Multiple Bearcats Honored In Enquirer's Local All-Time Greats List|
June 23, 2011
CINCINNATI - Multiple former University of Cincinnati student-athletes were honored by the Cincinnati Enquirer Wednesday in its "Top 50 greatest area baseball players" feature.
The Enquirer compiled a list of the all-time Top 50 greatest baseball players from the Greater Cincinnati and Northern Kentucky area with the help of a veteran panel, which included: UC baseball coach Brian Cleary; Hep Cronin, a longtime Atlanta Braves scout and father of UC men's basketball coach Mick Cronin; Moeller High School coach Mike Cameron and Enquirer reporter Tom Groeschen.
Three Bearcats - Bill Faul, Kevin Youkilis and Miller Huggins - were included in the Top 50.
Faul, who came in at No. 50, became UC's first All-American as a junior in 1961 when he led the nation with 14.6 strikeouts per game.
At No. 17, Youkilis was a two-time second-team All-American honoree in 2000 and 2001 and owns the UC career record for runs scored (279), home runs (53) and walks (206). He was drafted in the eighth round of the 2011 Major League Baseball First-Year Player Draft by the Boston Red Sox, becoming the highest drafted Bearcat in school history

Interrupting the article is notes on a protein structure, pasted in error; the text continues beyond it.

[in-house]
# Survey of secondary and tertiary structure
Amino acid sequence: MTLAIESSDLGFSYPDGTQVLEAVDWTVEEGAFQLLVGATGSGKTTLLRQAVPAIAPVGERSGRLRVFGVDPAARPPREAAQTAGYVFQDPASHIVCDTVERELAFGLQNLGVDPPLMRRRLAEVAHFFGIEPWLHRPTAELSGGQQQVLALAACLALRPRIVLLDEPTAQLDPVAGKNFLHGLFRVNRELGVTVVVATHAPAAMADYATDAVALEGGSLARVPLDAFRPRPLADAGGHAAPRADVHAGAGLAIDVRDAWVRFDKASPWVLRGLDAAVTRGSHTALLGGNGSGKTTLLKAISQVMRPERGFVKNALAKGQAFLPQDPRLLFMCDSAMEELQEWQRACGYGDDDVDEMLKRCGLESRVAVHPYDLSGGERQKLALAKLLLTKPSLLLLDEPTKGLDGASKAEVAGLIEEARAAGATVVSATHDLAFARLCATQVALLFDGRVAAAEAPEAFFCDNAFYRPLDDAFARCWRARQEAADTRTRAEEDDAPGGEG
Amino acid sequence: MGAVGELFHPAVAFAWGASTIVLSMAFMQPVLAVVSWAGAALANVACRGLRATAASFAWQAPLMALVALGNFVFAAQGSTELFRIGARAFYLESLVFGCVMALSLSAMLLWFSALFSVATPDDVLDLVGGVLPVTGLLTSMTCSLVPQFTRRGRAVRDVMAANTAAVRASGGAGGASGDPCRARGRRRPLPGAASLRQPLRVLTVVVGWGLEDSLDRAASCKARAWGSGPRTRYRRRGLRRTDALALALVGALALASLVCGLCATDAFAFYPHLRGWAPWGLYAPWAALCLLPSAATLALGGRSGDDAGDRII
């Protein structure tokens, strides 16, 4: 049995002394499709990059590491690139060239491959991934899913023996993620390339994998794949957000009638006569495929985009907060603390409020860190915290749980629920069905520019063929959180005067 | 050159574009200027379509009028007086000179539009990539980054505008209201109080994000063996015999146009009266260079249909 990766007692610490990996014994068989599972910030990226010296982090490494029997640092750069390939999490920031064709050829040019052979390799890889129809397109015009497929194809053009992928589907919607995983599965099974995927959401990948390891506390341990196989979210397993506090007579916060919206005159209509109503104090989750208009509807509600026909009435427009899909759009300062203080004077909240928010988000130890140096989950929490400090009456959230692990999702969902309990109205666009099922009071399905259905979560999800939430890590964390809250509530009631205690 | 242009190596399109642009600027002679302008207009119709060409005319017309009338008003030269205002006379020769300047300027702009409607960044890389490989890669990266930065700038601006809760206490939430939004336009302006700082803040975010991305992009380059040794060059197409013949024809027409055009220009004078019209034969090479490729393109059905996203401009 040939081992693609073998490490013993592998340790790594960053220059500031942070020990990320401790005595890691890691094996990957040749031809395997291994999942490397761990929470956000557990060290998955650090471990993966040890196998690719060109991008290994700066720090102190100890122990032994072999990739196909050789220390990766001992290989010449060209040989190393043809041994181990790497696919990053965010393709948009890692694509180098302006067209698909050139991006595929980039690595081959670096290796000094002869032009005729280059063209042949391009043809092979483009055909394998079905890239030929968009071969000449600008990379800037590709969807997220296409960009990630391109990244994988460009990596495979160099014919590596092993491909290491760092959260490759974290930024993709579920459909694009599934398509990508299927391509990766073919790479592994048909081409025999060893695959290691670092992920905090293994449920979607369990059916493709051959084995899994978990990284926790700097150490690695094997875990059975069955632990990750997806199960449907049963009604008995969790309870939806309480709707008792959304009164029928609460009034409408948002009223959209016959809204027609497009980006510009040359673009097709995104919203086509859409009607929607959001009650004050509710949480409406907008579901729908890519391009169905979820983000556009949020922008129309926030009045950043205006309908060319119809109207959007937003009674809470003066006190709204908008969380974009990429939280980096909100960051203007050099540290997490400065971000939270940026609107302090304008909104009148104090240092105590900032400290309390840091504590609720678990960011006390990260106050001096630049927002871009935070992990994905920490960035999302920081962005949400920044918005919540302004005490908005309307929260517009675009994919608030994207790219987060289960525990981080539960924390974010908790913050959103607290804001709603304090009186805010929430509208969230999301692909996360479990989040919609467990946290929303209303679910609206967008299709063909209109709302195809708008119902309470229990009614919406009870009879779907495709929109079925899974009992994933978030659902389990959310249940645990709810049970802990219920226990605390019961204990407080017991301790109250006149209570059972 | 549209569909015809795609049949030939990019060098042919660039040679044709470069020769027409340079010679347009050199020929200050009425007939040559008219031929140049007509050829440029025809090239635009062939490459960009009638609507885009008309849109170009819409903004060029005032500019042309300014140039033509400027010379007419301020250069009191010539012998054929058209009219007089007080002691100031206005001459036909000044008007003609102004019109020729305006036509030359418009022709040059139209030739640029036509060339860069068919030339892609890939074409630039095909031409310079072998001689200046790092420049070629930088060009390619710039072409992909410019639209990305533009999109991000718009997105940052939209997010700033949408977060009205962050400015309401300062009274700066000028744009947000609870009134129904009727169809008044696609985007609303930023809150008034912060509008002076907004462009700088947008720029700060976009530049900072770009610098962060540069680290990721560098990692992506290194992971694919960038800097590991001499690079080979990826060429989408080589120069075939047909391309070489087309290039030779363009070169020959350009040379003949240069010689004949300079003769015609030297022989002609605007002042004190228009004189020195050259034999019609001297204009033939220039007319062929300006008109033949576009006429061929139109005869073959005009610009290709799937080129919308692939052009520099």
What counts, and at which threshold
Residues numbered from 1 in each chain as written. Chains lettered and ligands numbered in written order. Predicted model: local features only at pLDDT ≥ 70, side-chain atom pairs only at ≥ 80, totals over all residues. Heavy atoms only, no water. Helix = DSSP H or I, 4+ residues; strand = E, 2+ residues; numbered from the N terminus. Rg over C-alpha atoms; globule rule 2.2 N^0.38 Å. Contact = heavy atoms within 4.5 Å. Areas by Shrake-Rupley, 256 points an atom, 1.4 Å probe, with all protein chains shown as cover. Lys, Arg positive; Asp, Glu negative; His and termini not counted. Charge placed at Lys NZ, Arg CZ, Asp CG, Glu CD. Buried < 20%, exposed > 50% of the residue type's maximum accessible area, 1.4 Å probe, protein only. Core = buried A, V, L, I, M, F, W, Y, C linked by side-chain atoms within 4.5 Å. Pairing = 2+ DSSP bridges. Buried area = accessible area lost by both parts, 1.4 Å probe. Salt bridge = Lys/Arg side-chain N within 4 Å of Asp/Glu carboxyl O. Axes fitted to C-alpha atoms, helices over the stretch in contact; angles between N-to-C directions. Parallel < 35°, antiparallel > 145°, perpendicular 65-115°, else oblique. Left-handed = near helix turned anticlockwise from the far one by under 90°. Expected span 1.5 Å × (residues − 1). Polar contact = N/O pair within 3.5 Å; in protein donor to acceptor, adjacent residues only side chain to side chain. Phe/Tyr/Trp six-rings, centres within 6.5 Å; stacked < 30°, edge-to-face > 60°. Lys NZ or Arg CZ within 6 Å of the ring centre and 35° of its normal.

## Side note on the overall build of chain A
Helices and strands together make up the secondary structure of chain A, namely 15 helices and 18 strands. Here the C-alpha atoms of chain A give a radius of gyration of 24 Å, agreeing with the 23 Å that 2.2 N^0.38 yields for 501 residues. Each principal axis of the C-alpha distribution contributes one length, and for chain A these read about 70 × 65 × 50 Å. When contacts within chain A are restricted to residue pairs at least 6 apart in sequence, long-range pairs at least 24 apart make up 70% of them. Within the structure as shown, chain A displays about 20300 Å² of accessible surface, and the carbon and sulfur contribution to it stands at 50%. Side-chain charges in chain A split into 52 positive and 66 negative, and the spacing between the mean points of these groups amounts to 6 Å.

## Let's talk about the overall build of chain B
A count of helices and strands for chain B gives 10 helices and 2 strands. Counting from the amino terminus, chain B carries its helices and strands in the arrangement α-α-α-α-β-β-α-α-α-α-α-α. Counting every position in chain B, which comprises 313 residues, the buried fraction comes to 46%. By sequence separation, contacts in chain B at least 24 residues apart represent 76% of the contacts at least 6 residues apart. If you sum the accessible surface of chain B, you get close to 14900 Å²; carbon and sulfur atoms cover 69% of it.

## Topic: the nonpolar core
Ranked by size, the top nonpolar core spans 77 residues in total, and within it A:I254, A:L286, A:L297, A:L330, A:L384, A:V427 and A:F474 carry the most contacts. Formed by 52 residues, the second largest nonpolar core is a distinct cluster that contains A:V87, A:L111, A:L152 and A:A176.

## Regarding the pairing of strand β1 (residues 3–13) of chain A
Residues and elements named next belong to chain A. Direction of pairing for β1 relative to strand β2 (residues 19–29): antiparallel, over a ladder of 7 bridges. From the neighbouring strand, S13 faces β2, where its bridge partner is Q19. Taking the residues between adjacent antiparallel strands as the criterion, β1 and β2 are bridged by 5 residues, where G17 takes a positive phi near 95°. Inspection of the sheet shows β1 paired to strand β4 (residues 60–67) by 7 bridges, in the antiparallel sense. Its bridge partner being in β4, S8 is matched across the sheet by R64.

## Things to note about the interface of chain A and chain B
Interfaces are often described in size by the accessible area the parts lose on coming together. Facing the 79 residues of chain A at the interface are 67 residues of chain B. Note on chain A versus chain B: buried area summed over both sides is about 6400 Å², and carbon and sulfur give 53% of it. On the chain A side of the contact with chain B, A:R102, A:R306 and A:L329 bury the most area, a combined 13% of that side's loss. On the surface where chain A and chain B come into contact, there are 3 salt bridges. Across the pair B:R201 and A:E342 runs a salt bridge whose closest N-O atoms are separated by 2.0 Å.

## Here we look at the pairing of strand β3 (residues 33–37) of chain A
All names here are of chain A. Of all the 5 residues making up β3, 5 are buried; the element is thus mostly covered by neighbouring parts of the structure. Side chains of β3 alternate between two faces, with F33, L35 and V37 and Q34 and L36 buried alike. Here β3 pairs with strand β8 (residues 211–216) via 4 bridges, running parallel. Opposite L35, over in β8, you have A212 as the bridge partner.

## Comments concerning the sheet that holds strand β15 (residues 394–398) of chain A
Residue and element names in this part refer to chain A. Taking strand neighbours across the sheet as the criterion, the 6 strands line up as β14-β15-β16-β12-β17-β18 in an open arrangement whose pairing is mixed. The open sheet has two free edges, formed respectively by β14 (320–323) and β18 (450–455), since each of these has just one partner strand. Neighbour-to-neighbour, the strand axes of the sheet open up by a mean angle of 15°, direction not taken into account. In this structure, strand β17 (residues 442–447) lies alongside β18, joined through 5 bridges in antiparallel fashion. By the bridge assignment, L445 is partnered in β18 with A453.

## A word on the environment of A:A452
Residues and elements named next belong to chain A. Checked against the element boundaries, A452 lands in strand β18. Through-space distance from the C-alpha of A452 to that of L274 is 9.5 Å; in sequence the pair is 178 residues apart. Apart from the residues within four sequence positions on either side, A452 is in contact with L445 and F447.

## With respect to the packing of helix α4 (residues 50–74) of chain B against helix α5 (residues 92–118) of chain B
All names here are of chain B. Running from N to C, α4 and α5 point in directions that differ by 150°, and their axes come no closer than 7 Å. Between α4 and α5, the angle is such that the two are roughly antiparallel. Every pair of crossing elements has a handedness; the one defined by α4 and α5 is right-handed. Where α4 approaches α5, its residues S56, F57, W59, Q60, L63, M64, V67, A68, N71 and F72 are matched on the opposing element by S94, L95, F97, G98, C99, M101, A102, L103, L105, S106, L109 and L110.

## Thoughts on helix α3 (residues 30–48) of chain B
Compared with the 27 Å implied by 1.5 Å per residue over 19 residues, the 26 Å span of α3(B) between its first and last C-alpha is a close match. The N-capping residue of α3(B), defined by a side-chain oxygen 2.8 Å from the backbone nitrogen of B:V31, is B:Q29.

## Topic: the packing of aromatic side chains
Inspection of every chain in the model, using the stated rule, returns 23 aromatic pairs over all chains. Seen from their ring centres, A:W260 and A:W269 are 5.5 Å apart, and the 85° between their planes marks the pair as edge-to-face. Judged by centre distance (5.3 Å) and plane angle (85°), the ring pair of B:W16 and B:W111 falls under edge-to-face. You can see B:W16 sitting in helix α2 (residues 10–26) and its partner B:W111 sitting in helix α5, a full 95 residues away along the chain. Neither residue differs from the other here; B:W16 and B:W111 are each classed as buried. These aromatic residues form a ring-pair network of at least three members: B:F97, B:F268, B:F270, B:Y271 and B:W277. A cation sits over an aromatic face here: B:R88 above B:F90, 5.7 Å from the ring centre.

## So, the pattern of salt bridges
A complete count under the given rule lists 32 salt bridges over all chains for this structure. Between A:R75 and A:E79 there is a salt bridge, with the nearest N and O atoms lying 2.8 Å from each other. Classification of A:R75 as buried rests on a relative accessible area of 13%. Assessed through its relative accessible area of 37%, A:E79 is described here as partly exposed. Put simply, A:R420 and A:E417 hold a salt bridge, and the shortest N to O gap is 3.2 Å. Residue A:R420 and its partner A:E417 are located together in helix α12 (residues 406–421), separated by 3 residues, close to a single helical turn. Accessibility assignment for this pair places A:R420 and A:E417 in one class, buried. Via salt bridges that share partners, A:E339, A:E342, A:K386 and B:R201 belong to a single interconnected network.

Huggins, ranked No. 5, was a second baseman from Walnut Hills who served as the captain of the UC baseball team in 1900. He played with the St. Louis Cardinals and Cincinnati Reds from 1904 to 1916. In 1964 Huggins was elected to the Baseball Hall of Fame after winning 1,413 games as a manager.
There were multiple Bearcats on the Enquirer's list of those who finished just outside the Top 50, including: current Pittsburgh Pirate infielder Josh Harrison; Matt Singer, the 2001 C-USA Scholar Athlete of the Year; Curtus Moak, whose 15 career saves is tied for second in UC history; pitcher Chad Pennington, whose eight wins in 2002 is tied for ninth all-time; Dan Osterbrock, who became UC's first All-BIG EAST First Team selection; current Chicago Cub outfielder Tony Campana; and Billy Wolff, a 1965 First Team All-American.
To view the complete Enquirer story on Cincinnati.com, click here.